Next up, there’s “Let ‘Em Talk”, the first of two collaborations with The Eagles of Death Metal. Again, it’s very unexpected how much Kesha’s snarl and holler suits (and quickly enhances) the generic romper rock on display here. Aided by some goofy but well-deployed synths, the chorus aims for anthemic and – by the grace of Kesha’s shimmying grin and carefree stance – gets very fuckin’ close to it. It’s not a great song, but it continues the confident streak that propels the album forward for at least the next fifteen minutes.

The following track is the big band bluster and groove of previously-released single “Woman”, which is indebted to the stylings of The Dap-Kings Horns. It makes for the strongest song on the record by far, something Kesha seems well aware of if her giggle fit on the second verse is anything to go off. Seriously, aside from Kesha’s empowered pomp and keen sense of when to let the music speak for itself, the best compliment I can give this song is how much the breakdowns remind me of the immortal “Busy Earnin’“, which is the greatest example of a horn section carrying a track in the last eight years.

Moving on, “Hymn” continues Kesha’s trend of landing on an entirely different genre to what’s preceded it and competently working within those specific confines. Amidst a twinkly soundscape and kick-drum/hand-clap rhythm that’s just a single hi-hat trill away from being a Future song, Kesha sidles around like a wispy specter, with her slightly glitchy vocals and insouciant attitude buoying the track. Finally, the incredibly histrionic “Praying” – with its shameless Lemonade rip-off of a music video – finds its place here as the fifth track, acting as an emotional catharsis to the more detached, above-it-all songs that have come before. I wouldn’t say it exactly feels earned, but it is certainly done more favours in context of the album than outside of it.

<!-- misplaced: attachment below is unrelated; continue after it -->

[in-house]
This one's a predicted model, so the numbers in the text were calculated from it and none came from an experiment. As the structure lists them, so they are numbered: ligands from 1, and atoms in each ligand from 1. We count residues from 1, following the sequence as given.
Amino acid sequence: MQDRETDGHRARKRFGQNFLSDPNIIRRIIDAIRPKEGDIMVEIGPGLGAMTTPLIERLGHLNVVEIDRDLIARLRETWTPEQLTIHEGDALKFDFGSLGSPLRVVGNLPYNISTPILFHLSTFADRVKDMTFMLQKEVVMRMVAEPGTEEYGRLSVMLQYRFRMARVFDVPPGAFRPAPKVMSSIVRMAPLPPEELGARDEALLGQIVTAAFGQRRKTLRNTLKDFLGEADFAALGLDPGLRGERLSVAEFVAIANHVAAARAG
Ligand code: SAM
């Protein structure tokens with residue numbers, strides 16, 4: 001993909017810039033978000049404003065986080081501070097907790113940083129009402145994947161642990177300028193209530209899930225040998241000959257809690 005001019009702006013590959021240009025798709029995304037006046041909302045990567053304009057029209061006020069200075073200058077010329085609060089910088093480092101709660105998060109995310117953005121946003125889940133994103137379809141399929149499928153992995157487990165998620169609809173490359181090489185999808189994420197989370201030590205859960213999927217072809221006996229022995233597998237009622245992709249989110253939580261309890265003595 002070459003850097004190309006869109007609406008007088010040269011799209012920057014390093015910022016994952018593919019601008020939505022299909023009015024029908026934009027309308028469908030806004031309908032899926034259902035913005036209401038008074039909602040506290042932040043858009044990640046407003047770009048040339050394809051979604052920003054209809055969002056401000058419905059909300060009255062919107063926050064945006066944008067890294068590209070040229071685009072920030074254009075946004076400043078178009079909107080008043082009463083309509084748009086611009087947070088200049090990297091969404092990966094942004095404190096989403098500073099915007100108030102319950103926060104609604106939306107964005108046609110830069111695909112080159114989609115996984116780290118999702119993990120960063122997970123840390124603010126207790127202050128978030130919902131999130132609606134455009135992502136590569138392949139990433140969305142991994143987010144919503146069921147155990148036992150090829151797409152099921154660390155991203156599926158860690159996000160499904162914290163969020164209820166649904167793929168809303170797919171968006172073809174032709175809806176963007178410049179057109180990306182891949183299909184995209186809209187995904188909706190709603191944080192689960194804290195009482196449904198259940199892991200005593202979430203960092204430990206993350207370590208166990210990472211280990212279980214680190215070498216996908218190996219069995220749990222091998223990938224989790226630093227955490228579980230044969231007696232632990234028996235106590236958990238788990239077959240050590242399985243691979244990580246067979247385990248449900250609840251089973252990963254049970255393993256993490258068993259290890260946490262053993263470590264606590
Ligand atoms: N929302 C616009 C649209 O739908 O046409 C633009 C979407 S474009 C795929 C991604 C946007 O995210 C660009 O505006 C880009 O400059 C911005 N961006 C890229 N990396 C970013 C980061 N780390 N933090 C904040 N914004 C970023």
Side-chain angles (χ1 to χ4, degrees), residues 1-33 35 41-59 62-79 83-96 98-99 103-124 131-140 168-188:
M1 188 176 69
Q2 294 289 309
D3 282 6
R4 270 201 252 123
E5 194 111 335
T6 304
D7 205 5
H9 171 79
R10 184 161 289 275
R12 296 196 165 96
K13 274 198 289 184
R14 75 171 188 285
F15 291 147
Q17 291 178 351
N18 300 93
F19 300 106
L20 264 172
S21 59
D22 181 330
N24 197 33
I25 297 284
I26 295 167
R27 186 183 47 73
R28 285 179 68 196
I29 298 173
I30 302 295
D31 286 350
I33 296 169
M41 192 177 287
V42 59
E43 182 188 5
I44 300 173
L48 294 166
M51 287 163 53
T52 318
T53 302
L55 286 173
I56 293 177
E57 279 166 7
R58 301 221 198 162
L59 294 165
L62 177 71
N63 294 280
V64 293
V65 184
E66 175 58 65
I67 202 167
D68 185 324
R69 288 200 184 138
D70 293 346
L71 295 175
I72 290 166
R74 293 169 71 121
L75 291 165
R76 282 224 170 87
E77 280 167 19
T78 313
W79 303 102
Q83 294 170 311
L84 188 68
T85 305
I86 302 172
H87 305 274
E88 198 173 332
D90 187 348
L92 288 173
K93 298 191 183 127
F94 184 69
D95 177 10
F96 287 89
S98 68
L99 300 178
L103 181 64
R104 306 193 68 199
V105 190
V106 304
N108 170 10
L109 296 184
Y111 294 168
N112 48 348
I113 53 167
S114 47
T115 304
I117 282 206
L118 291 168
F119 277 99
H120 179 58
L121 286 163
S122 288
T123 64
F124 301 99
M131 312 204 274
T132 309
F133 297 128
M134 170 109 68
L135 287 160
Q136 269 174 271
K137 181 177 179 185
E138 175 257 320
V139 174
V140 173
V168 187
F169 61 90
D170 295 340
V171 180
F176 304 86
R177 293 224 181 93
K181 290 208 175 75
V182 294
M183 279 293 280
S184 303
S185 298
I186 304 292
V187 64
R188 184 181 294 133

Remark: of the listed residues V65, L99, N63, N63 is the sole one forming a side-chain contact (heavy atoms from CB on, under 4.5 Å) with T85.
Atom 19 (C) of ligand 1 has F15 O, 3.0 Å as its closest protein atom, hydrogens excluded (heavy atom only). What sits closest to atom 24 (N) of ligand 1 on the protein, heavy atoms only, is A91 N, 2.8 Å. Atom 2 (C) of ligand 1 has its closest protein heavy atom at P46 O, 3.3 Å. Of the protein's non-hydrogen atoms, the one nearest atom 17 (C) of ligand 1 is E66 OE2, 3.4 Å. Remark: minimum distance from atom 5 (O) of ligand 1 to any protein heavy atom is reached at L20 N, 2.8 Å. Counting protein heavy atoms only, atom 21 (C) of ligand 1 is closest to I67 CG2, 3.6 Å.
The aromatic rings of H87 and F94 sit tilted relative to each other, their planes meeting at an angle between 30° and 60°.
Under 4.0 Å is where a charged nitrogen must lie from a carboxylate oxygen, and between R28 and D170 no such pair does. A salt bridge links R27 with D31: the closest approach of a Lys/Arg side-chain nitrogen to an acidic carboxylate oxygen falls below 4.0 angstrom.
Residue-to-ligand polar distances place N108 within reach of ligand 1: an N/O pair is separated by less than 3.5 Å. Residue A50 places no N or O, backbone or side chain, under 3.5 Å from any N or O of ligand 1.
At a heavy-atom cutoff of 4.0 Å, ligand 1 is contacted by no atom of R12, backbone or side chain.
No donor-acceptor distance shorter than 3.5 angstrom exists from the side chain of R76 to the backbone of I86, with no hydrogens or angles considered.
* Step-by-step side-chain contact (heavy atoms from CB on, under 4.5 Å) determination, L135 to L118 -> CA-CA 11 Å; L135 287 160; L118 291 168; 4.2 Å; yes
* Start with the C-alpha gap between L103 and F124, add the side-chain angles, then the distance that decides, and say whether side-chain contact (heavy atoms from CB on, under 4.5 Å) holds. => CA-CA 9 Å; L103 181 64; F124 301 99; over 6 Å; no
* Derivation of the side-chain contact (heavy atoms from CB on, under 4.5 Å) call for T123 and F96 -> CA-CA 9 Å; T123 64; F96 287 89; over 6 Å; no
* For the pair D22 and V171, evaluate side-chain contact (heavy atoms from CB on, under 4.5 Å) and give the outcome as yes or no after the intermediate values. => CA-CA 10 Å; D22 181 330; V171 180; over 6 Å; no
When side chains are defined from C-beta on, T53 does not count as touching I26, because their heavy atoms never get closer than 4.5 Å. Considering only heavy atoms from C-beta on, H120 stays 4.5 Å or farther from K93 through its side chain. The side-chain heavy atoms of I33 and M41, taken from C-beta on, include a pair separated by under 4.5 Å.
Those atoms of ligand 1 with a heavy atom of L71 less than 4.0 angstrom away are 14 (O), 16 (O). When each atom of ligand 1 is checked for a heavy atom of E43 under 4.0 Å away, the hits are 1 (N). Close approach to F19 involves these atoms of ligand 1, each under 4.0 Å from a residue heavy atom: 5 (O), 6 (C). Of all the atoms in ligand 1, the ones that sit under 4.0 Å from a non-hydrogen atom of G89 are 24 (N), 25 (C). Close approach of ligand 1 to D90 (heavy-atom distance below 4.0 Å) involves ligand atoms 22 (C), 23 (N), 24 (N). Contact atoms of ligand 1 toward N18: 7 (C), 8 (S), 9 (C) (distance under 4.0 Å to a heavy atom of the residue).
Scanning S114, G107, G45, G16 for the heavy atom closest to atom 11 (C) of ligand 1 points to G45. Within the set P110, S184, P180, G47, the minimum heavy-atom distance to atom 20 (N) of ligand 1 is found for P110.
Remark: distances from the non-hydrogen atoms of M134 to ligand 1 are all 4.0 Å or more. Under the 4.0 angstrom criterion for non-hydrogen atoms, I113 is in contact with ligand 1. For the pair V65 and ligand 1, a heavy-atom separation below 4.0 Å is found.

Honestly, though, after the first five tracks the pickings become extremely slim on the rest of Rainbow. “Learn to Let Go” falls with a thud into the generic power anthem that “Let ‘Em Talk” avoided, even with a mildly intriguing ramp-up dynamic to the melody on the chorus. I don’t think I even need to begin explaining how jarring “Finding You” is, the first of a few songs about everlasting love on an album that (up to this point) has screamed to be independent from male designs, romantic or otherwise. And the Ben Folds-produced “Rainbow” has every hallmark of a Disneyfied pop ballad, saccharine enough to make you feel ill and have your skin crawl rather than covered in goosebumps.